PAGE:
A blown head gasket can be very bad news. It’s either going to cost you money to have it fixed, or you’re going to have to do the job yourself. Either method will cost money, but doing it yourself can save you the cost of labor. Before you can repair it, however, you need to know the cause. This can be a problem since there can be a number of causes for a blown head gasket.
The biggest cause of a blown head gasket is overheating. Usually, the head gasket armor around the cylinders can become crushed, and if this happens, the seal is lost and your engine will lose compression, leak coolant, and the gasket will erode.
Before replacing the gasket, it’s vital that you find the cause of the overheating. It could be due to coolant leaks in the engine, the hoses, the radiator, or the water pump. These have to be found and repaired. It could also be due to the cooling fan not working or the radiator being clogged. Again, these need to be fixed or, in all likelihood, you’ll end up with another blown head gasket again shortly after your repair.
2. Installation Error
If you’ve had a blown head gasket replaced on your car and solved the problem of why it blew in the first place, the likely cause this time will be installation error. This is not particularly uncommon.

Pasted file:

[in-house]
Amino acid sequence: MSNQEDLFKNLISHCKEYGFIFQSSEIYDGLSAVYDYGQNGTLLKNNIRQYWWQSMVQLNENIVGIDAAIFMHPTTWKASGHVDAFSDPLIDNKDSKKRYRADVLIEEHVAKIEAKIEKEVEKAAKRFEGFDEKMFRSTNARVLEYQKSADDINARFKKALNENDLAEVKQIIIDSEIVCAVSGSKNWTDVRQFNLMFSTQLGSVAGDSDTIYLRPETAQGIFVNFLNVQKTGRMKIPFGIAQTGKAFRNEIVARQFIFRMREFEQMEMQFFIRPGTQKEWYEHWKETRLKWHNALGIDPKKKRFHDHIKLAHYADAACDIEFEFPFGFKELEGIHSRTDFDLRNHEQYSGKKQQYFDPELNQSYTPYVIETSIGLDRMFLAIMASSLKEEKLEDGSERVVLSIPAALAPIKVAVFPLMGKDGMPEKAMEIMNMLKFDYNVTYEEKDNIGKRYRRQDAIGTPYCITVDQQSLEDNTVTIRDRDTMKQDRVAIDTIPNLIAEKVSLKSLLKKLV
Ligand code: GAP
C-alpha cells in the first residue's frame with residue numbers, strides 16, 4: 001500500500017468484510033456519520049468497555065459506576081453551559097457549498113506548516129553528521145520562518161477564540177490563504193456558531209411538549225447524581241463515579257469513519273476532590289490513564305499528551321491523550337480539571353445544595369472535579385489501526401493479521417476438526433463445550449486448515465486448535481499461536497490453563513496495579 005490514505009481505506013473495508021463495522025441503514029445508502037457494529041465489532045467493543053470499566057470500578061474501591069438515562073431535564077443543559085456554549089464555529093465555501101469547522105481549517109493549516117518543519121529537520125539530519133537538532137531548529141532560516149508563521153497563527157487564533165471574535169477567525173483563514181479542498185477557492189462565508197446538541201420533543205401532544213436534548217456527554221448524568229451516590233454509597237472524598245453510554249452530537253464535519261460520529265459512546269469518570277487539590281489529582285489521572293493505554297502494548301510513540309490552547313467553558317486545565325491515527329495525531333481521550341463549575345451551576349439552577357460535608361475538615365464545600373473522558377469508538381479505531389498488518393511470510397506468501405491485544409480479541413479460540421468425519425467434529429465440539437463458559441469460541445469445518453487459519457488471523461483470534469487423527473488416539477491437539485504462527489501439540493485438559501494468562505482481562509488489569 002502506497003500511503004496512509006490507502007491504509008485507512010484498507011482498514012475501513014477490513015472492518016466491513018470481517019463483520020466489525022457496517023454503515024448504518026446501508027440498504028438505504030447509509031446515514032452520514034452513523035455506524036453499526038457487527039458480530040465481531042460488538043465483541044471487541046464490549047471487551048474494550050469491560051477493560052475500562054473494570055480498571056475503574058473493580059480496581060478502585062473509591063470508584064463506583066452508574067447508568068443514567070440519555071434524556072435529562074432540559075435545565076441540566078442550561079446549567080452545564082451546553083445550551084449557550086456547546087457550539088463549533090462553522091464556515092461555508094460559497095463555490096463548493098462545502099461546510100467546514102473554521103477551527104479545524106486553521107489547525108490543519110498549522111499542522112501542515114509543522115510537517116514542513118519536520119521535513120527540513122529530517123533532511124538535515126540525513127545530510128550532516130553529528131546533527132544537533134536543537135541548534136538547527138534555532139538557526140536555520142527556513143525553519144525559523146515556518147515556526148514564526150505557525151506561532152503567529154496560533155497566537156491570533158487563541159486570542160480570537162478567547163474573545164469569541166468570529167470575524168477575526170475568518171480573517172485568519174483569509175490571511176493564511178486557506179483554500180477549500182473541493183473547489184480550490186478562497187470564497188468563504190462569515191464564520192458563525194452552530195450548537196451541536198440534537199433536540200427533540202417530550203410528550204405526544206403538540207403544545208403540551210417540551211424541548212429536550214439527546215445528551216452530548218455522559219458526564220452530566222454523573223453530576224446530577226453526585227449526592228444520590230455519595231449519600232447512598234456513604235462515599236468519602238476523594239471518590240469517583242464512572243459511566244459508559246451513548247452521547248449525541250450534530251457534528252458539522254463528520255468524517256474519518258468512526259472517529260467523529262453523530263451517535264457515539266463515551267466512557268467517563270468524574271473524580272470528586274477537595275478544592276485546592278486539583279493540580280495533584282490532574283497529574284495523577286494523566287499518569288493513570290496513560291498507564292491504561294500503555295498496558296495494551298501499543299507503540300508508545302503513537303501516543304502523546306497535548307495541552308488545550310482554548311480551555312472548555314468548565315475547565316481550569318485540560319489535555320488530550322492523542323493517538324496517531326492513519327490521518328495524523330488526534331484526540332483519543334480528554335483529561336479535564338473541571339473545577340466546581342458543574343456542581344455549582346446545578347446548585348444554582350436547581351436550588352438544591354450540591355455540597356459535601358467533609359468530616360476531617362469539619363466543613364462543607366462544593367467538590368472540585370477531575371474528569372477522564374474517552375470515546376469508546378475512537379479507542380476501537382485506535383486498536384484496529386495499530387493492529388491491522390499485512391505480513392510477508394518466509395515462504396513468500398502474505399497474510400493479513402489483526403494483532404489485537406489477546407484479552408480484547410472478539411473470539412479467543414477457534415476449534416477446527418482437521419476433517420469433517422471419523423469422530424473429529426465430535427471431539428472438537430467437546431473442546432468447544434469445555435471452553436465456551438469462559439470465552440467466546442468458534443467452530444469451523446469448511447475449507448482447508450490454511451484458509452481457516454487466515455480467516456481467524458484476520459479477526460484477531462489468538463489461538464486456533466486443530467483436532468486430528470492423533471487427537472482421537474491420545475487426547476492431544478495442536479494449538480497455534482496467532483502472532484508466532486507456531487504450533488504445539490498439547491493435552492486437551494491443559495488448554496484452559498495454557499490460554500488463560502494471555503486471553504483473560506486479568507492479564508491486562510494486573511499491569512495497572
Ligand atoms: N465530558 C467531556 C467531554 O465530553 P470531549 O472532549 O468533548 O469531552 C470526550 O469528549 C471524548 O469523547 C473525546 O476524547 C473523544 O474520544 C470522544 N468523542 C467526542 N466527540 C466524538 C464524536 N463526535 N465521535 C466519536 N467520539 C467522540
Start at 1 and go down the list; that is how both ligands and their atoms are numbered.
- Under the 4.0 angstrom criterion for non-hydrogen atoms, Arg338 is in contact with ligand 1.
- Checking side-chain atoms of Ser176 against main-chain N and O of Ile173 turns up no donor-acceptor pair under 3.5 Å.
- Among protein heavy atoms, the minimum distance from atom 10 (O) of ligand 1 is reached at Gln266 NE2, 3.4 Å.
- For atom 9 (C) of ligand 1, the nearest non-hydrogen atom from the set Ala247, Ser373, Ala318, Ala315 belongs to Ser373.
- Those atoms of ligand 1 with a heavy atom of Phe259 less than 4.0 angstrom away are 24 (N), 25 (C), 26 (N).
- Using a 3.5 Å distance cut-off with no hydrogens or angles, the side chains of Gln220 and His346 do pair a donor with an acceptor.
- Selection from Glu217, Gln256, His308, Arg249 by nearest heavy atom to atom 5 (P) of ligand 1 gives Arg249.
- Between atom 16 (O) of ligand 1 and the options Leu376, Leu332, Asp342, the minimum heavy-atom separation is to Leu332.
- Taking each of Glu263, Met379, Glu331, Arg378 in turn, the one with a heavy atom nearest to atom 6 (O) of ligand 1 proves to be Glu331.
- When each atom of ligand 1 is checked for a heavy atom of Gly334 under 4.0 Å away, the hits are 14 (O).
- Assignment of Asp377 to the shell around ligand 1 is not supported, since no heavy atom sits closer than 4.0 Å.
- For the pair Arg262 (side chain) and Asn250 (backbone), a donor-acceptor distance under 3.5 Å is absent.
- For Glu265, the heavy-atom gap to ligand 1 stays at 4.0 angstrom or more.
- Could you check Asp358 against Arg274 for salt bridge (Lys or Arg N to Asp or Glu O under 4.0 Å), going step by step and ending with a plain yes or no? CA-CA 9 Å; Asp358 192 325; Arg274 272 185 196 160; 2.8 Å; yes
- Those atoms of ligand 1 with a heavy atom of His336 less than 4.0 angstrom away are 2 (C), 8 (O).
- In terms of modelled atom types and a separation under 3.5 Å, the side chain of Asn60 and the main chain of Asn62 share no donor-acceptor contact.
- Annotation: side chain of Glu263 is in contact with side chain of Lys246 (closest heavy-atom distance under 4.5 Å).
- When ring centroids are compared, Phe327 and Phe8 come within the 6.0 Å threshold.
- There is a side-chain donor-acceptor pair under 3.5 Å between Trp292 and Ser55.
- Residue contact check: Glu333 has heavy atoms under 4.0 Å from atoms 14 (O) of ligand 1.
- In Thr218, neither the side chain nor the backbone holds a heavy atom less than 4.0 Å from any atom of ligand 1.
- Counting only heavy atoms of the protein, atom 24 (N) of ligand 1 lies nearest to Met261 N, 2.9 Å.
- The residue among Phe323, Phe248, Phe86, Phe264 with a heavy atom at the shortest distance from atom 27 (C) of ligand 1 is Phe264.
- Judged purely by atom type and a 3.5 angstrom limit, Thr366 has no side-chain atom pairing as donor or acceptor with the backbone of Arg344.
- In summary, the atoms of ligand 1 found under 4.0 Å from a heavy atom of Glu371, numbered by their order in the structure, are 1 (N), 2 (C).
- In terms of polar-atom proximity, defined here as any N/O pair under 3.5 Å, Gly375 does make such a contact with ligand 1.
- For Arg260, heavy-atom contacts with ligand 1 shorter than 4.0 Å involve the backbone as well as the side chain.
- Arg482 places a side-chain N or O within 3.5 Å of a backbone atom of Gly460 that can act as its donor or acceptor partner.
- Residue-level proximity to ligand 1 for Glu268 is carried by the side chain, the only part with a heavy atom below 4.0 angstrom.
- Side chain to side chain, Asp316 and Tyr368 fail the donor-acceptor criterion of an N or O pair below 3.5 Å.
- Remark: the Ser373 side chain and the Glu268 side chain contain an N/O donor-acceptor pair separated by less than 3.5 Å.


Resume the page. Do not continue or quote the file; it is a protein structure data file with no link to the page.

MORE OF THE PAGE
The head bolts need to be tightened in the correct sequence and set to the proper torque. They also need to have clean threads that aren’t stretched or damage. The cylinder head surfaces and engine block also need to be smooth, clean, and flat.
Any one of these factors, or a combination of them, can cause a blown head gasket. Remember, too, that sealer should only be used on non-coated, one-piece steel head gaskets. However, establishing this as the cause can be difficult. You’ll need to eliminate other possibilities first.
3. Hot Spots
There are engines that are prone to hot spots between the center cylinders in the cylinder head, although aftermarket head gaskets for these engines are reinforced to lessen the possibility of a blown head gasket.
However, if you have an older car, the hot spot could be the cause especially if your old head gasket has been replaced by one that’s not reinforced.
4. Pre-ignition Problems
Pre-ignition problems can cause this problem as well, especially if you only use your car for city driving. With pre-ignition, there’s a hot spot in the chamber which causes ignition of the fuel before the spark plug has a chance to fire. It could also be due to detonation. This happens if the spark timing is too advanced or the fuel mixture isn’t rich enough. It causes carbon deposits to build up and ultimately erodes and blows the part.
5. Bad Head Gasket
In some cases, the original head gasket for the car can just be very badly designed and the poor design can cause a blown head gasket over a period of time. A little research will establish if your vehicle is prone to poor designs. Once you replace it with a good head gasket, you should not experience any further failures.